Retailers rush to import goods in wake of trade tension

by Kim Souza ([email protected]) 178 views 

Imports on goods from China continue to set records, with two million containers reaching U.S. ports in October, according to the monthly Global Port Tracker report released Friday (Dec. 7) by the National Retail Federation and Hackett Associates. In recent months retailers have been rushing to beat the tariffs that have now been postponed during a 90-day moratorium agreed to by the U.S. and China.

“President Trump declared a temporary truce in the trade war, but these imports came in before that announcement was made,” NRF Vice President for Supply Chain and Customs Policy Jonathan Gold said. “We hope that the temporary stand-down becomes permanent, but in the meantime, there has been a rush to bring merchandise in before existing tariffs go up or new ones can be imposed. China’s abuses of trade policy need to be addressed, but tariffs that drive up prices for American families and costs for U.S. businesses are not the answer.”

The Chinese government announced this week plans to promptly carry out a tariff cease-fire with Washington in hopes of reaching a trade agreement to avoid disruptions in the future. National Economic Council Director Larry Kudlow said Friday he’s optimistic regarding the messages out of China that real progress will be made on trade in the coming weeks.

In October, the latest month numbers are available, U.S. ports handled 2.04 twenty-foot equivalent units (TEU; shipping containers), freight volume rose 9% from September and increased 13.6% year-over-year, according to Global Port Tracker. The October number was the highest for a single month since Global Port Tracker began counting cargo in 2000, topping the previous record of 1.9 million TEU set in July, which in turn had beat a record of 1.83 million TEU set in August 2017.

Hackett Associates estimates 2.01 million TEU for November, a 14% increase year-over-year. December volume is usually lower as holiday merchandise is already received. The December forecast is 1.83 million TEU, up 6.1% from last year. Those numbers would bring 2018 to a total of 21.8 million TEU, an increase of 6.5% over last year’s record 20.5 million TEU.

Hackett expects year-over-year growth rates and total volume to slow considerably in January when 10% tariffs on $200 billion worth of Chinese products that took effect in September had been scheduled to increase to 25%, unless China and U.S reach a trade deal in the next 90 days.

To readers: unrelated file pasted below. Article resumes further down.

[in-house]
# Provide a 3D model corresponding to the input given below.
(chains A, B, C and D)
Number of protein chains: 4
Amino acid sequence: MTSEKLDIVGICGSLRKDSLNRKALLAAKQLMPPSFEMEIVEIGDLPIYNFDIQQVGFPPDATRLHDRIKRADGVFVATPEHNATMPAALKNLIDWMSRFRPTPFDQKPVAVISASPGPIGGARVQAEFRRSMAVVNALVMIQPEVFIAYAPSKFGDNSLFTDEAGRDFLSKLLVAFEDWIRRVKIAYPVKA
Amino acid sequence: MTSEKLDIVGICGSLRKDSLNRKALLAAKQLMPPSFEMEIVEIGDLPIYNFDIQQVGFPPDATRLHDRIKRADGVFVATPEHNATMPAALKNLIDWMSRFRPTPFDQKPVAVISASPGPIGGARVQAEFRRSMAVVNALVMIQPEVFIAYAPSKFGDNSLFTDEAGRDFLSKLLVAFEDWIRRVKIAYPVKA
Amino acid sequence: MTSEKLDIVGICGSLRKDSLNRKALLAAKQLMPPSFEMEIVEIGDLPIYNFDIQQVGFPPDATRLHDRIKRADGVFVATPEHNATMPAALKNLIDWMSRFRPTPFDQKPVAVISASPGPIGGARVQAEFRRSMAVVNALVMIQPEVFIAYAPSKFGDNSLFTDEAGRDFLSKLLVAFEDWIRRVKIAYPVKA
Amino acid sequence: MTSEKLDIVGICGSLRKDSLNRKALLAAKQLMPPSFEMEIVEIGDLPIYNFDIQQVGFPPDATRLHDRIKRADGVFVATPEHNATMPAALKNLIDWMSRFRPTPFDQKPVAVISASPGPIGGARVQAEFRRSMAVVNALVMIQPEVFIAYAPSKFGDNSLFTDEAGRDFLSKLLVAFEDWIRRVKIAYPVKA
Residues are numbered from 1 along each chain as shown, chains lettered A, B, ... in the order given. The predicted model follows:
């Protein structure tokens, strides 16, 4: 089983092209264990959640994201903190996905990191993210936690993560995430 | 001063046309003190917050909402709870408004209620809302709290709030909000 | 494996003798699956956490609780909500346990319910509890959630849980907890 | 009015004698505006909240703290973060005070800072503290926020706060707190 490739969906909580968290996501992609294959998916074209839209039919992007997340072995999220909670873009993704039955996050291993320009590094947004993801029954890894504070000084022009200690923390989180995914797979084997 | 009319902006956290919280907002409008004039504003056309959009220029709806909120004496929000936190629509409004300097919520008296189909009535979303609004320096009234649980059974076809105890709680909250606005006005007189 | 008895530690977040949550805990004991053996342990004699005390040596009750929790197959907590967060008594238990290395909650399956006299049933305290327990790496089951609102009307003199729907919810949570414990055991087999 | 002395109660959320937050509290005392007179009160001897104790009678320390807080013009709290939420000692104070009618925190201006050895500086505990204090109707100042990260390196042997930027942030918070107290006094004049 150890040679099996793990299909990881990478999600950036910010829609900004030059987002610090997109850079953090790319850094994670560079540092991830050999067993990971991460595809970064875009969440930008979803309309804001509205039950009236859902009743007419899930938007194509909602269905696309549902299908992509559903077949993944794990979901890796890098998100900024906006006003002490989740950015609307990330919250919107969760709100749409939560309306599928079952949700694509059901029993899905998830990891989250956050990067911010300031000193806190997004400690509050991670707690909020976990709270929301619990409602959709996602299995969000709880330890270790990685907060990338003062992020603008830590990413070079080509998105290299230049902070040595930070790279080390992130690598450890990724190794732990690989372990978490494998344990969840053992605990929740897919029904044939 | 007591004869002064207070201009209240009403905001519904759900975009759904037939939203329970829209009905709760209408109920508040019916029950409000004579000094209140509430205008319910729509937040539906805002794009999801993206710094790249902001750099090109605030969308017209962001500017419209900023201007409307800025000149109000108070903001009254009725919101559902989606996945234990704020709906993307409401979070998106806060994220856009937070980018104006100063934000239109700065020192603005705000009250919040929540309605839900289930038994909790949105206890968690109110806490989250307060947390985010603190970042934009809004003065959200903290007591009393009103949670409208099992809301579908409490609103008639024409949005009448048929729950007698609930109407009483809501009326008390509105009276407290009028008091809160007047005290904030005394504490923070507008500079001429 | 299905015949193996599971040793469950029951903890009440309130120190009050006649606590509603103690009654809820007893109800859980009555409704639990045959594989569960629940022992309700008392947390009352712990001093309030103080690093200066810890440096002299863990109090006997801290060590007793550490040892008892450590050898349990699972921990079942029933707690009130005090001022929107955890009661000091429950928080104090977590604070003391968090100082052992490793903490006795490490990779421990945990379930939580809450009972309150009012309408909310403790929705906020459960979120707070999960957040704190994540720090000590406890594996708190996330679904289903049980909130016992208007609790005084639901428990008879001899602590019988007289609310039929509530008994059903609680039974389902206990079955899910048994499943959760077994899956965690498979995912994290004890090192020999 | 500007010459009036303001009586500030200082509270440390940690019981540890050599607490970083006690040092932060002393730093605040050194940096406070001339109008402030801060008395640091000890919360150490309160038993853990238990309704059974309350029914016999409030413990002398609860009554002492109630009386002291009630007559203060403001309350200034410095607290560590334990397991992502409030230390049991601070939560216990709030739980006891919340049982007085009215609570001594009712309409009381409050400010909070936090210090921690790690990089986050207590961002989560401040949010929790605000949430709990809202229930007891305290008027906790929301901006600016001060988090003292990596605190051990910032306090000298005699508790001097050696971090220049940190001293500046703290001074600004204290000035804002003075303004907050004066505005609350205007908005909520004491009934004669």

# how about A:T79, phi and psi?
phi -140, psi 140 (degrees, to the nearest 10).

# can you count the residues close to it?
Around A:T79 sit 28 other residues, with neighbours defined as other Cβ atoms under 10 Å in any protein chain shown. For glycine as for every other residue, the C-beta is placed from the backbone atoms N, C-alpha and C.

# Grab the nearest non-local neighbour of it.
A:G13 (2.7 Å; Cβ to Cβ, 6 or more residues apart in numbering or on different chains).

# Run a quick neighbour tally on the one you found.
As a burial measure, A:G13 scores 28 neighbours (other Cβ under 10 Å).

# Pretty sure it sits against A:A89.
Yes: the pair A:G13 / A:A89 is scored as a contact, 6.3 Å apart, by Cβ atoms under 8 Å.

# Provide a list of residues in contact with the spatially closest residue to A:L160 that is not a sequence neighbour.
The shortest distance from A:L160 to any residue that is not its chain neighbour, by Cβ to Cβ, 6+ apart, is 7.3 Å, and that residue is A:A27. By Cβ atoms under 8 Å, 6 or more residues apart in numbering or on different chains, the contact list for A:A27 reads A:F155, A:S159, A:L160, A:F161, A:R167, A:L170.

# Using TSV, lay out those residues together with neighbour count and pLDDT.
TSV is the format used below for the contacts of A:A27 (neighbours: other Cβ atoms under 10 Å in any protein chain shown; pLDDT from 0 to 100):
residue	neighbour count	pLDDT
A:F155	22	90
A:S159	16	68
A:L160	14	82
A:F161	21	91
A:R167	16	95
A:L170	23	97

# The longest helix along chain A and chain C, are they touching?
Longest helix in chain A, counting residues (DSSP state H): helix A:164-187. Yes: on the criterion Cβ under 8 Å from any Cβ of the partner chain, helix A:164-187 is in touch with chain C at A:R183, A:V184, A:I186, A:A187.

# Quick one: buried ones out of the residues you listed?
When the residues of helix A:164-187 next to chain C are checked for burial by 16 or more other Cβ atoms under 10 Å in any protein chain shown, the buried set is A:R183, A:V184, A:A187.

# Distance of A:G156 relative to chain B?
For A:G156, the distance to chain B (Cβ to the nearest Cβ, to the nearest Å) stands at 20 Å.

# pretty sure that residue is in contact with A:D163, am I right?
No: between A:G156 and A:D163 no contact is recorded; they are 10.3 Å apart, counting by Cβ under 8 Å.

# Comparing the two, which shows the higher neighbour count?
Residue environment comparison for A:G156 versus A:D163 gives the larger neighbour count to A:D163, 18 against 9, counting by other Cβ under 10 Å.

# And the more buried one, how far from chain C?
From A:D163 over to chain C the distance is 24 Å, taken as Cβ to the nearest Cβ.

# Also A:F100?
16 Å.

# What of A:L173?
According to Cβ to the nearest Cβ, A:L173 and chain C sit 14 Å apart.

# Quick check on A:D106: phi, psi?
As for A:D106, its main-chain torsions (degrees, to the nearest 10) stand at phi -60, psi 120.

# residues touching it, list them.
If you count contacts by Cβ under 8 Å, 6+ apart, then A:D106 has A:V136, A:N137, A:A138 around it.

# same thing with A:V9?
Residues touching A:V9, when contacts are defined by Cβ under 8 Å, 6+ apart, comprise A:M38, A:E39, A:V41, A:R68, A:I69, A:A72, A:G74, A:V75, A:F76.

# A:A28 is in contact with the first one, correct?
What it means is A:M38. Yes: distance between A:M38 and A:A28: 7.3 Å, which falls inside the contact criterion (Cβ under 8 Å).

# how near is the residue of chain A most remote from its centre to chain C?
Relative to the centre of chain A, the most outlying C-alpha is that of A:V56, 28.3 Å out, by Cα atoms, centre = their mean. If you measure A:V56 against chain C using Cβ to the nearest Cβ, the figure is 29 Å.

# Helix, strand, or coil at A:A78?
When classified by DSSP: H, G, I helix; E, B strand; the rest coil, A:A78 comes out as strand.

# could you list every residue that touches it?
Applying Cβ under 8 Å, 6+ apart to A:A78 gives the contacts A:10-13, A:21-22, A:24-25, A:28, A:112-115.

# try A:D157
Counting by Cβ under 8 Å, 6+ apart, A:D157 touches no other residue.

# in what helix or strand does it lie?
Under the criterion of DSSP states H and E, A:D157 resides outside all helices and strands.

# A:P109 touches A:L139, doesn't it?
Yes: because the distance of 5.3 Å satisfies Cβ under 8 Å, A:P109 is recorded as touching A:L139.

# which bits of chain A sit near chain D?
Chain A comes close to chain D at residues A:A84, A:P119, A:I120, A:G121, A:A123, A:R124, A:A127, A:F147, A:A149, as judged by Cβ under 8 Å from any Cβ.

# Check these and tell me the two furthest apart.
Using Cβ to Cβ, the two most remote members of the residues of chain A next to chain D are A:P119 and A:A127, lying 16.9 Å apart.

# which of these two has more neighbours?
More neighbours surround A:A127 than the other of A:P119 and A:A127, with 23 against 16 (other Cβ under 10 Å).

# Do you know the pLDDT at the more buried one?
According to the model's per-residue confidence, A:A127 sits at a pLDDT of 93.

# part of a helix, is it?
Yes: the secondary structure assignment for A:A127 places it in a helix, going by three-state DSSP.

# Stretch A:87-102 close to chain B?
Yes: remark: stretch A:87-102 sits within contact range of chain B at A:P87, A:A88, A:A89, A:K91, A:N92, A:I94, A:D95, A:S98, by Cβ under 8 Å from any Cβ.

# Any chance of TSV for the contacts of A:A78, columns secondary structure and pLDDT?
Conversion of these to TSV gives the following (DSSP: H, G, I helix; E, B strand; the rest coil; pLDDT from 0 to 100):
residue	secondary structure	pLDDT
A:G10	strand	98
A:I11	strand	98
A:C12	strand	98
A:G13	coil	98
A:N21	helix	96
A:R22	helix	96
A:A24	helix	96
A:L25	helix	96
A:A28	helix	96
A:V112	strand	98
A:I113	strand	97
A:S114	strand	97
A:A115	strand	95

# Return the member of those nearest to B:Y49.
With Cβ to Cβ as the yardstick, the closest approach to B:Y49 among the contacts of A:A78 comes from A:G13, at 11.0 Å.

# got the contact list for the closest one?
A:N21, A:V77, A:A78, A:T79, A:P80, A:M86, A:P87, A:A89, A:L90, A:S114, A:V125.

Kudlow said the there is a real opportunity to make some progress on trade issues with China, but the U.S. is willing to push ahead with the tariffs unless the major issues around IP theft, forced technology transfers, cyber hacking, and cyber theft are dealt with. He said “China’s willingness to talk is positive, but it has to be trust and verify. Color me optimistic for now,” he said during an interview on CNBC Friday.

Hackett forecasts January 2019 imports at 1.72 million TEU, down 2.1% from the prior year. February imports are expected to reach 1.67 million TEU, down 1% year over year. Imports are expected to increase in March and April 2019, up 1.7% and 3.7%, respectively from the prior year.

“We see a significant slowdown in import growth in 2019 as the market adjusts to higher prices due to the Trump tariffs and the impact on consumer and industry confidence going forward,” Hackett Associates founder Ben Hackett said. “We project that imports at our monitored ports will have grown significantly in 2018 but that there will be no import growth in the first half of 2019 compared with the same period in 2018.”

Cargo numbers do not directly correlate with retail sales, but the National Retail Federation said the rise in imports in 2018 related to what has been a strong year overall of retail sales. Holiday sales at retail are poised to exceed $1 trillion for the first time history, according to eMarketer, which pegs holiday sales to rise 5.8% from last year.

The NRF expects retail sales for all of 2018 to be up 4.5% over 2017.